I didn’t let myself imagine the feelings I would feel.  I didn’t want to place a definition on them or paint them ahead of time.  I didn’t want to think about the words I would say or plot a course for my actions.  I didn’t want to plan it.

When the time comes, I want to live that moment right then.

Well… except for one thing…

I looked down, trying to find a pebble to stick down my swimsuit…!

Then I walked around to the ‘right side’ of the pool, very slowly, holding my stomach, and I picked up my water bottles.

“When you stopped swimming,” The lifeguard declared, “I just wanted to cheer for you!  You’ve been swimming for hours!”

“Oh, thank you,” I said.  I looked around – the pool was mostly empty at 8:30pm on a Friday night.  I had been her only entertainment – me and my private struggle to France.  She had no idea where I had been in my mind and still celebrated my simple victory.  I felt so honored by her appreciation, it seemed to wash away the twinges of regret I felt at not swimming the last bit as fast as I should have.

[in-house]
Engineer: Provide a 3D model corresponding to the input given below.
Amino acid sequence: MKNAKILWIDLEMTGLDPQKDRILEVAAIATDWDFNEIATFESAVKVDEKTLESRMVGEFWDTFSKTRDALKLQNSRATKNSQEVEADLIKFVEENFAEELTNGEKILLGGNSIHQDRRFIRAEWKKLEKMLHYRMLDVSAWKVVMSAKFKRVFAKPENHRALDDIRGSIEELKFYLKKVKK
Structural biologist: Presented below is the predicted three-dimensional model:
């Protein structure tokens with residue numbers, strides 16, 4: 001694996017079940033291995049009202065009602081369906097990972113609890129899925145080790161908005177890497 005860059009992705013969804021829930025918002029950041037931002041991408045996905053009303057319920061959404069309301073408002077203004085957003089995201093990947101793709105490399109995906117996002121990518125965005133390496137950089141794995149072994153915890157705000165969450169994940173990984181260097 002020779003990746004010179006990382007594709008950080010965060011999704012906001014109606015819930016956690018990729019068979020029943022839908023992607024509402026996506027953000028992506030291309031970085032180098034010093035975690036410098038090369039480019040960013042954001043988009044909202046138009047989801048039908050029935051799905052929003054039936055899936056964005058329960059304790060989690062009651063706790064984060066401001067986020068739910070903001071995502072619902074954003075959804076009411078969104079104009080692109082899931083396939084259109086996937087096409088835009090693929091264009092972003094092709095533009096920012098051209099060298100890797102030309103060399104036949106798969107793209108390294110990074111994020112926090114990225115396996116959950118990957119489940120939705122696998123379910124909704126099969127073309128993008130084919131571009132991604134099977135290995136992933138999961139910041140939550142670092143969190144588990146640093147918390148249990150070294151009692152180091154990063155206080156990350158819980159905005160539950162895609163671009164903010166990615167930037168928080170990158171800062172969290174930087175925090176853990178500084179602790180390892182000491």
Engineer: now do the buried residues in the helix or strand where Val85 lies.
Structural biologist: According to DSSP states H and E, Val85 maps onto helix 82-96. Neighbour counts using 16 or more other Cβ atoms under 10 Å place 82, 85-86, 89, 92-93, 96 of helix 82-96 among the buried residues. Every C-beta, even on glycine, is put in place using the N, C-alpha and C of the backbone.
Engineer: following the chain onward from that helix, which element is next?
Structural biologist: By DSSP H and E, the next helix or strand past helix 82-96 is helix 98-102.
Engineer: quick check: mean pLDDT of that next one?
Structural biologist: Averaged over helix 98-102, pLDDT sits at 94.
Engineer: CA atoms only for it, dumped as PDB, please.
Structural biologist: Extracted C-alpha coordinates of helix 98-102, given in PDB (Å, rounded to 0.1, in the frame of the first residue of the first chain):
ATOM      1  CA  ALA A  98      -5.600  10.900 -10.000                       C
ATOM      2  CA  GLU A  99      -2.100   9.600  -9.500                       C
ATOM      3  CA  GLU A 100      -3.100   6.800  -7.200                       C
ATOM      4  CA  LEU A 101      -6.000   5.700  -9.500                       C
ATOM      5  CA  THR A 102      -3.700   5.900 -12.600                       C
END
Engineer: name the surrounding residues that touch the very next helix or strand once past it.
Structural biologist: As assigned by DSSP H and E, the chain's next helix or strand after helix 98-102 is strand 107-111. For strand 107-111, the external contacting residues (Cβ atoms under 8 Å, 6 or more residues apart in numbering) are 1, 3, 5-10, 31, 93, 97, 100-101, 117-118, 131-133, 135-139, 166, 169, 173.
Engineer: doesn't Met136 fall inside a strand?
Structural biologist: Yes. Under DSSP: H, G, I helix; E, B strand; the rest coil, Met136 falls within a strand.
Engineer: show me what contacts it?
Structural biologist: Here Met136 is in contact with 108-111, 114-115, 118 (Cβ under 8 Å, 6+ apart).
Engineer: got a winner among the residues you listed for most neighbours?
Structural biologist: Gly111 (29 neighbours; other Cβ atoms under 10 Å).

“That really means a lot to me,” I said to her.

I drove the hour and a half home, waiting and hoping for my stomach to settle… musing through the lessons I learned:

1. I’m pretty uncomfortable with the night+sea+cold swimming concept.

2. I still need to figure out my feed.

3. I need(ed) a mental strategy for the last bit of the swim.

4. I still need to work on exhaling through my nose and not my mouth.

5. I still need to be mindful and attentive of my shoulders.


But I know I can make it during a work week, with a three hour daily commute, when I work overtime.  I know I can swim with an upset stomach.  I know I can swim with a hurt shoulder.  There are a lot of things I know I can do.  I think I’m pretty close to being well prepared for this adventure.  I have been very diligent to keep myself well ordered for this swim… and I can’t wait for the day that will be ordered for it!

It’s 2014, guys.

I am going to swim the ENGLISH CHANNEL!!!